Or an actual fault that the sensor is sensing.


Is anyone missing the point that the control panel is designed to shut the genset down if there is a fault to avoid further damage?
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Old 02-17-2016, 07:08 PM   #14
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The DC circuit breaker should not ever trip unless there is a short to ground somewhere or the breaker is defective. A DC clamp on ammeter with a peak hold feature will show the current going through the breaker to show if its good or faulty.
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Old 02-17-2016, 07:38 PM   #15
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The DC breaker on mine would blow in an over crank situation.
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Old 02-17-2016, 08:32 PM   #16
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Update

Tonight I blocked the fuel solenoid and ran the generator. I have 120 volts out and can run the A/C on the boat so it is producing a decent output of 120 power. I still have no voltage to the fuel solenoid except in the start cycle. I checked the wires around the controller board and all appear to be solid and connected properly with no signs of corrosion or damage (it doesn't look like any of them have had the smoke let out of them either ).

Ideas?

Thanks for the help!

John
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Old 02-17-2016, 08:42 PM   #17
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Zakly. The safety system just shuts down the gen. No way to know why. Pitch all that $hit. At least a light telling you why it shutdown would be nice.Great gen,,, poor system.
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Old 02-17-2016, 10:19 PM   #18
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Quote:
Originally Posted by Capt Jack View Post
Tonight I blocked the fuel solenoid and ran the generator. I have 120 volts out and can run the A/C on the boat so it is producing a decent output of 120 power. I still have no voltage to the fuel solenoid except in the start cycle. I checked the wires around the controller board and all appear to be solid and connected properly with no signs of corrosion or damage (it doesn't look like any of them have had the smoke let out of them either ).

Ideas?

Thanks for the help!

John
Just to recap the process, on the Kohler 4CCO and many other similar generators, when the start switch is pressed, a number of things happen, 4 of which are:
1. The starter solenoid is energized to engage the starter
2. The fuel shut-off solenoid valve is energized in the 'run' position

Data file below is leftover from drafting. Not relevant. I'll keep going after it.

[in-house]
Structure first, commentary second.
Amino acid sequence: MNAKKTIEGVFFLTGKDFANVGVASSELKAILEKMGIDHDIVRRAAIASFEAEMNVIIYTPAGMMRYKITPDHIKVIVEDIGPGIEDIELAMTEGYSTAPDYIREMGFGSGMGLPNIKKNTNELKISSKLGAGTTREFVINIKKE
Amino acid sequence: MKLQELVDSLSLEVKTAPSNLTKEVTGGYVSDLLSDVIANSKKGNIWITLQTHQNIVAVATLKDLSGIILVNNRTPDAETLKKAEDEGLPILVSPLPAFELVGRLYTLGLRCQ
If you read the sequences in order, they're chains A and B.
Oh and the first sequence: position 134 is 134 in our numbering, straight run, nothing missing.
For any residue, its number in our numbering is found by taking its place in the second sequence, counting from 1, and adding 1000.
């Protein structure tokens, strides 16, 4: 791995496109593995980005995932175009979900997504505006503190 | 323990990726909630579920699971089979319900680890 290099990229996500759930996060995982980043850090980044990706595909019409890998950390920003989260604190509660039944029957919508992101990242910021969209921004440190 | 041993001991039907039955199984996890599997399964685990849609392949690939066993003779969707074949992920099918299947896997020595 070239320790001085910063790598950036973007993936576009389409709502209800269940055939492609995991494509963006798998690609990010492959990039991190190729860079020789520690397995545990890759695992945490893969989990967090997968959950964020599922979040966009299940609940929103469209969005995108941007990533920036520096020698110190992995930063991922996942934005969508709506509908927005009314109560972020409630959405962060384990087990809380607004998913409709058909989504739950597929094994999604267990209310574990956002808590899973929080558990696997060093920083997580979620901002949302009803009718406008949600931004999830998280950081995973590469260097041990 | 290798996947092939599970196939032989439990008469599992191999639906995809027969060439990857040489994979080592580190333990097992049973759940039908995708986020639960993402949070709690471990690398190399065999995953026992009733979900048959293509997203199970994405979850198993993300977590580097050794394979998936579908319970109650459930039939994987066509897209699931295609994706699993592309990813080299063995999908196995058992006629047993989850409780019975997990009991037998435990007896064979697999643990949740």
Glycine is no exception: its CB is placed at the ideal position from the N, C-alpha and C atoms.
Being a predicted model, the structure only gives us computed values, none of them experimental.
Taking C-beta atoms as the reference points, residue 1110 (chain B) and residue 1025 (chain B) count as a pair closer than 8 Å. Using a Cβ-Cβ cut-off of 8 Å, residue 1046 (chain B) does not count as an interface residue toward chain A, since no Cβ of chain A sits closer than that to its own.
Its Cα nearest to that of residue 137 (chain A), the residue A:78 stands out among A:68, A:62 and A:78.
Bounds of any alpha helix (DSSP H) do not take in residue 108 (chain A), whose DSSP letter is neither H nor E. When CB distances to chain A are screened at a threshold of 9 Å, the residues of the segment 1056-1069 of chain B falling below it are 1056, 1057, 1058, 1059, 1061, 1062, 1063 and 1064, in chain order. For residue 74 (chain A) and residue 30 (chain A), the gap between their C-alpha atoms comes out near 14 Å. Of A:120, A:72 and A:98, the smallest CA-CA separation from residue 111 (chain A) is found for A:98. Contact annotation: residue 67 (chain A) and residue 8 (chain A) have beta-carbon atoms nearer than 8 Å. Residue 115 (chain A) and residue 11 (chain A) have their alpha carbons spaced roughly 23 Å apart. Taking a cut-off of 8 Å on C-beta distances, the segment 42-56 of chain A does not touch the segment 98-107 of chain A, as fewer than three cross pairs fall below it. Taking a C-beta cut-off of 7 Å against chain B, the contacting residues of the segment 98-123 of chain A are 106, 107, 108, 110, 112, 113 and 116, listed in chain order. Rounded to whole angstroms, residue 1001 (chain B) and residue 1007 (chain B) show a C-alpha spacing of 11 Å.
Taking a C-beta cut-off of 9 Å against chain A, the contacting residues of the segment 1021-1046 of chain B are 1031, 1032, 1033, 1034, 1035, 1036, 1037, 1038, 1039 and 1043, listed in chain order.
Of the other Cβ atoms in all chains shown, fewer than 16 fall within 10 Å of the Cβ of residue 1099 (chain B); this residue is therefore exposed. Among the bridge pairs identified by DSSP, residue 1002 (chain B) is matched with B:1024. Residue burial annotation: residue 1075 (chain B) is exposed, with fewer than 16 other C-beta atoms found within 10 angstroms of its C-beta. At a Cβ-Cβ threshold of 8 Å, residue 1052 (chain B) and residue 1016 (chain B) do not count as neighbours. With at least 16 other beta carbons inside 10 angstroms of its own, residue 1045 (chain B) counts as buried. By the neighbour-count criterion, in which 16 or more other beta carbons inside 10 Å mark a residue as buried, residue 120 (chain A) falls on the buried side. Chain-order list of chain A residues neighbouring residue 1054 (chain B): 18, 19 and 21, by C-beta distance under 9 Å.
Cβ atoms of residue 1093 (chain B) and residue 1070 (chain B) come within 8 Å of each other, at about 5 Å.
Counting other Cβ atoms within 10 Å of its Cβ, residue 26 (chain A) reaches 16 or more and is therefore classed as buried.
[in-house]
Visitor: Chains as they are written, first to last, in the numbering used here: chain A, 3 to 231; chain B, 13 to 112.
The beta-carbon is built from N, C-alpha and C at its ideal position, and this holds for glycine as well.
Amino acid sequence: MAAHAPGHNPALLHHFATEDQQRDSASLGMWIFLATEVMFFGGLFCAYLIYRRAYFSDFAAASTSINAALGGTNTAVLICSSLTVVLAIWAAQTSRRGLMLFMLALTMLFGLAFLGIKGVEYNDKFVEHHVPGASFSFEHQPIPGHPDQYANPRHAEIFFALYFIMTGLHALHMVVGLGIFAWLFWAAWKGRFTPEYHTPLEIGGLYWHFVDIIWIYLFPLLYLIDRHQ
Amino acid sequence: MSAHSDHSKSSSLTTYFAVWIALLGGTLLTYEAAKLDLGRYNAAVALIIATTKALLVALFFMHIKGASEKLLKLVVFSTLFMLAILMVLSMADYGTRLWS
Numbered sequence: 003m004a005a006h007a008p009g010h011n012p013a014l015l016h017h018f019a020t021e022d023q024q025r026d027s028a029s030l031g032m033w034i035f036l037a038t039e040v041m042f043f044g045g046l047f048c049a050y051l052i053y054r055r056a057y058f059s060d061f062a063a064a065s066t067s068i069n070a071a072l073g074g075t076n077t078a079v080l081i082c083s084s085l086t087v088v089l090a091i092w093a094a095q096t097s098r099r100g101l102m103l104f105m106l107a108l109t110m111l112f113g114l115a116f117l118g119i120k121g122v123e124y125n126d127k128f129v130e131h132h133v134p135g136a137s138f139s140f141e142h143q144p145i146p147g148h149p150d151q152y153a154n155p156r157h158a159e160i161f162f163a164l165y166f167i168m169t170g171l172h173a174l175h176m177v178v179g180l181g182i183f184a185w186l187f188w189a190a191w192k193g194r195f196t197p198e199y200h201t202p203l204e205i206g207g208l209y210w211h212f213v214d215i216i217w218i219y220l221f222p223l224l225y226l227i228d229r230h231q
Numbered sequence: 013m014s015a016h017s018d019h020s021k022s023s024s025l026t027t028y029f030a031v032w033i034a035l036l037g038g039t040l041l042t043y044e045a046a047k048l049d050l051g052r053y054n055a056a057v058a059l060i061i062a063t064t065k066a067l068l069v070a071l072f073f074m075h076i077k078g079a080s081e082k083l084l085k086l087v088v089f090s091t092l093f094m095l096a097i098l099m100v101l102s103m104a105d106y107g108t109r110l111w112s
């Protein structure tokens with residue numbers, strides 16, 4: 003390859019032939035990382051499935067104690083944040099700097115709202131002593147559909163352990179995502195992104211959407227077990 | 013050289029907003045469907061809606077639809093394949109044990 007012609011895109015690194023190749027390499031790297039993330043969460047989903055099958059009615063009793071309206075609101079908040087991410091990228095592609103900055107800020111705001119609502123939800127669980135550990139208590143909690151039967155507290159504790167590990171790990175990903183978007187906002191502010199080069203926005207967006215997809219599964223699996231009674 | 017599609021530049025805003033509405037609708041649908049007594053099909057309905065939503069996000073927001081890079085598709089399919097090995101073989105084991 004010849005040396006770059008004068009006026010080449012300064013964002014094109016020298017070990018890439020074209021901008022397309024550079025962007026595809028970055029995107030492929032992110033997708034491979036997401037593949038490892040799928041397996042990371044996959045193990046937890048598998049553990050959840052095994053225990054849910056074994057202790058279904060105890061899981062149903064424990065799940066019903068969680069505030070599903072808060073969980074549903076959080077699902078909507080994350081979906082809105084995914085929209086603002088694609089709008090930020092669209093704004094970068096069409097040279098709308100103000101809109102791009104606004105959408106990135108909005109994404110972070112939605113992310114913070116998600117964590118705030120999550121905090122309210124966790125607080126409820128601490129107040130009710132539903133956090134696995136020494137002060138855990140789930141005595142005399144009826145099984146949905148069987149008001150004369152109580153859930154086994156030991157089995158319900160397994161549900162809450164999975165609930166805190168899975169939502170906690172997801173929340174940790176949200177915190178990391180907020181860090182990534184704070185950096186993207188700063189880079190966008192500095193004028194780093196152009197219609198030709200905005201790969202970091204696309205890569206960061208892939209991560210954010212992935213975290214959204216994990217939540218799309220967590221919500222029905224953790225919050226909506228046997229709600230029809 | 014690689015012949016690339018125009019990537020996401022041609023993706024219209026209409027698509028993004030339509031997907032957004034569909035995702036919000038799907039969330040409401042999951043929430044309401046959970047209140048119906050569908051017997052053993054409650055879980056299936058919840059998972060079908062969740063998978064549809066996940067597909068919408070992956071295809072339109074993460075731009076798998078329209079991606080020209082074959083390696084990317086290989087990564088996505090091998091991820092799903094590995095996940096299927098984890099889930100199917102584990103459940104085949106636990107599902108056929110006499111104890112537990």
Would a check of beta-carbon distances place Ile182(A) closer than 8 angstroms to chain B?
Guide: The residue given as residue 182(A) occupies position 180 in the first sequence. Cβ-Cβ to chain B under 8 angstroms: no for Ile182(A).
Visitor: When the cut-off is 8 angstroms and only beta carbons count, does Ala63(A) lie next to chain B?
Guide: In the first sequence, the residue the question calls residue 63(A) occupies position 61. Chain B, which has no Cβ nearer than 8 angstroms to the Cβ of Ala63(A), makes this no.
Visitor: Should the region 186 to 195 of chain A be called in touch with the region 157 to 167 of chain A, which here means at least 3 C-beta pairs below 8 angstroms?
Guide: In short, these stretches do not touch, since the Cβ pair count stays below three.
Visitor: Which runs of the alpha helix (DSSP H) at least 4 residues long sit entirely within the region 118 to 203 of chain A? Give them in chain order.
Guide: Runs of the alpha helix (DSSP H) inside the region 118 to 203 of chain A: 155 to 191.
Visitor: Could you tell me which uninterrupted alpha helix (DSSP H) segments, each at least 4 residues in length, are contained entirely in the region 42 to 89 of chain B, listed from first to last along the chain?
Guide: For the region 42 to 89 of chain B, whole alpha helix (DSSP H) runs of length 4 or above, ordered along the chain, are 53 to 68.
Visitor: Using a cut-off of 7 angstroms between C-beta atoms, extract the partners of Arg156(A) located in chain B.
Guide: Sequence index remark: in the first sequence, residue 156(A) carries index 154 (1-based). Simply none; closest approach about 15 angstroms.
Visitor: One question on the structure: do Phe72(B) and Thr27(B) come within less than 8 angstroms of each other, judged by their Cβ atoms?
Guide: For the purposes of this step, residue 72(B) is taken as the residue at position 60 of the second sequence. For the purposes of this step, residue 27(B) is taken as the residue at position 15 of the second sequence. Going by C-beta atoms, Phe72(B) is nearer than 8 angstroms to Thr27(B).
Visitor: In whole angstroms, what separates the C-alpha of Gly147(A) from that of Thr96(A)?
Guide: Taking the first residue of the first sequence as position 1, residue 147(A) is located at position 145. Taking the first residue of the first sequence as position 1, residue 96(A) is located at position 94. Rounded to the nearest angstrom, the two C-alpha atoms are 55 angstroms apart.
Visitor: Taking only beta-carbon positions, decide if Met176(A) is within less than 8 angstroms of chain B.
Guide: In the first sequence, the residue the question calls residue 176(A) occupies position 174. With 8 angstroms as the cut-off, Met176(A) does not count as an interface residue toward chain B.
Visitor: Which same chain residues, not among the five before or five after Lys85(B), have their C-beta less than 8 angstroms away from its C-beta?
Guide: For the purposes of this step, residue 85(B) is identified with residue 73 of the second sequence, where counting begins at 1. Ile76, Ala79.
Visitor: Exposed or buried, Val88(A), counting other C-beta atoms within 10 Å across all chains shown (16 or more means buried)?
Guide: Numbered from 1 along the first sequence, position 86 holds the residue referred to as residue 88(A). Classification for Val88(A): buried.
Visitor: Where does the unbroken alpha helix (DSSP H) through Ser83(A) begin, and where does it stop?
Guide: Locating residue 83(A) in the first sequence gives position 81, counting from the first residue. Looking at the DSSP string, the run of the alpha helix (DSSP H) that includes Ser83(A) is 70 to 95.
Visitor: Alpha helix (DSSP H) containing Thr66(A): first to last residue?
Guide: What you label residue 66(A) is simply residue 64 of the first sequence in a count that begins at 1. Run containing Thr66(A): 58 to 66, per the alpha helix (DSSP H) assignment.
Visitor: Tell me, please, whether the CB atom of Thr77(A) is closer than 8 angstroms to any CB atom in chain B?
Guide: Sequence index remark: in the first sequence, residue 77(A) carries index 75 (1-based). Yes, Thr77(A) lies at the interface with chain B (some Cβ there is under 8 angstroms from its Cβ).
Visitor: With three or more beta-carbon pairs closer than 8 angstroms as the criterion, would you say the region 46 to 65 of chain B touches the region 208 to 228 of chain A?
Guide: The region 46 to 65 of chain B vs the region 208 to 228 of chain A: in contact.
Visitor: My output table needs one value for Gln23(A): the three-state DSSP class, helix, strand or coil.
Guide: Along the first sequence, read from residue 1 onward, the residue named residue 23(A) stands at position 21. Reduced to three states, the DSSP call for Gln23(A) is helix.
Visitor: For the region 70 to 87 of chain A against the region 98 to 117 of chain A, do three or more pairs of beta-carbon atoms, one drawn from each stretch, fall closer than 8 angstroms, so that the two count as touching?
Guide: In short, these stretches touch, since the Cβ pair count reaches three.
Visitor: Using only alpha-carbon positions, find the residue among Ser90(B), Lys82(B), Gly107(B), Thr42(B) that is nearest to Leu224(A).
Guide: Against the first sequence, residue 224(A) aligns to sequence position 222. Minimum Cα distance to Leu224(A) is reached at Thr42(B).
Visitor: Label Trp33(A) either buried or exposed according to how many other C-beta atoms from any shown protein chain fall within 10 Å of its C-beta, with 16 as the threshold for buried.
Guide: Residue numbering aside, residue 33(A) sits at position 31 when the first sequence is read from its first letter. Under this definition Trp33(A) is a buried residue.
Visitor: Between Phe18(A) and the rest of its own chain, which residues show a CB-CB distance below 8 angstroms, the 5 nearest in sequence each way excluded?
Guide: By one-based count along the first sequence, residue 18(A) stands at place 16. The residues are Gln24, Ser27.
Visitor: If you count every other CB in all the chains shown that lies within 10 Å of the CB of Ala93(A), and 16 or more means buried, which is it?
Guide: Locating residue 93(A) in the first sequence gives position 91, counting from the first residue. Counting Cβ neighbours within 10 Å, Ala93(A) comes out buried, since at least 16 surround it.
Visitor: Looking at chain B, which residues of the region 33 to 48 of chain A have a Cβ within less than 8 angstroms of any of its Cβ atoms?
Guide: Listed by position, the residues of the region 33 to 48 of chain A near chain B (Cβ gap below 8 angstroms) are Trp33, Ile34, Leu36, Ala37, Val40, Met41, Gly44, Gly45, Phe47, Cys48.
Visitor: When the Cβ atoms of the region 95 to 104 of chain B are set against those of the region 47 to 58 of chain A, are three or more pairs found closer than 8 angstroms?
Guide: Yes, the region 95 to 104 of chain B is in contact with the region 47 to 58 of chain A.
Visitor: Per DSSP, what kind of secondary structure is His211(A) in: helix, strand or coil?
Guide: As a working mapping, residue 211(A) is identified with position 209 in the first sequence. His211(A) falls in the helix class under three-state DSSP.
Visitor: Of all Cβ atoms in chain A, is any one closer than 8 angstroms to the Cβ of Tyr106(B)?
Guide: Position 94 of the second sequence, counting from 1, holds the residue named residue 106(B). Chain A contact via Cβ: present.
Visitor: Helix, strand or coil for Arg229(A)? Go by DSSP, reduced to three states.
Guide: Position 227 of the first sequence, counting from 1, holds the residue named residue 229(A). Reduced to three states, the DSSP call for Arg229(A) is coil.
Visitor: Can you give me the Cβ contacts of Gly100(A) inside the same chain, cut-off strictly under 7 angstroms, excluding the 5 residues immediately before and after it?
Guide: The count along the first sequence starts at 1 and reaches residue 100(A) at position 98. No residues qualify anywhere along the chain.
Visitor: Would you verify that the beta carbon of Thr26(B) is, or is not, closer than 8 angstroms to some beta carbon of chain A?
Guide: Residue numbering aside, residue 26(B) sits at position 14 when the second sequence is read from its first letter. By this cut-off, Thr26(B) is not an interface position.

3. The engine safety shutdown circuit is bypassed
4. The generator windings are energized so that it can produce AC power
Most of this is a function of the controller board.

Once the engine begins to run and the generator produces 120VAC:
1. The starter solenoid is disengaged, even if the starter switch is still being depressed
2. The engine safety shutdown circuit is energized which now provides
power to the fuel shut-off solenoid valve and maintains it in the 'run' position

If while running, any of the 4 sensors close (become grounded), the safety shutdown will interrupt power to the fuel shut-off solenoid valve and stop the engine. Further, if the generator stops producing 120VAC, it will also trigger a shutdown. Again, the controller board, two external relays, a diode, a fuse and a circuit breaker control these functions.

When stopped, the 3 temp sensors sensors are 'NO (normally open)' and the OP switch is 'NC (normally closed)'. These can easily be checked with an ohmmeter. To check them, you must remove the corresponding sensor wire because they are all wired in common. The engine should be at or below operating temperature for the test.

If those simple tests don't reveal the problem, the troubleshooting section in the Kohler 4CCO Service Manual should help. If you need one, PM me and I will send you a PDF.

If it turns out to be the controller board, Flight Systems, Inc. can quickly rebuild it for a nominal price.

If I had known about the mods Kulas44 mentioned, and had the ability to install them, I surely would have 'pulled all of that old $hit out' and used more modern components to rebuild my 4CCO last year.

As it turns out, I completely replaced the wiring, relays, diode, breaker and the control board with original components. It runs great now . . . . I hope for a good while.
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Old 02-17-2016, 10:38 PM   #19
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Quote:
Originally Posted by LarryM View Post
Just to recap the process, on the Kohler 4CCO and many other similar generators, when the start switch is pressed, a number of things happen, 4 of which are:
1. The starter solenoid is energized to engage the starter
2. The fuel shut-off solenoid valve is energized in the 'run' position
3. The engine safety shutdown circuit is bypassed
4. The generator windings are energized so that it can produce AC power
Most of this is a function of the controller board.

Once the engine begins to run and the generator produces 120VAC:
1. The starter solenoid is disengaged, even if the starter switch is still being depressed
2. The engine safety shutdown circuit is energized which now provides
power to the fuel shut-off solenoid valve and maintains it in the 'run' position

If while running, any of the 4 sensors close (become grounded), the safety shutdown will interrupt power to the fuel shut-off solenoid valve and stop the engine. Further, if the generator stops producing 120VAC, it will also trigger a shutdown. Again, the controller board, two external relays, a diode, a fuse and a circuit breaker control these functions.

When stopped, the 3 temp sensors sensors are 'NO (normally open)' and the OP switch is 'NC (normally closed)'. These can easily be checked with ah ohmmeter. To check them, you must remove the corresponding sensor wire because they are all wired in common. The engine should be at or below operating temperature for the test.

If those simple tests don't reveal the problem, the troubleshooting section in the Kohler 4CCO Service Manual should help. If you need one, PM me and I will send you a PDF.

If it turns out to be the controller board, Flight Systems, Inc. can quickly rebuild it for a nominal price.

If I had known about the mods Kulas44 mentioned, and had the ability to install them, I surely would have 'pulled all of that old $hit' out and used more modern components to rebuild my 4CCO last year.

As it turns out, I completely replaced the wiring, relays, diode, breaker and the control board with original components. It runs great now . . . . I hope for a good while.
Great info - thank you! PM sent
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Old 02-18-2016, 08:04 AM   #20
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Also there is a 10 amp FUSE. Check that.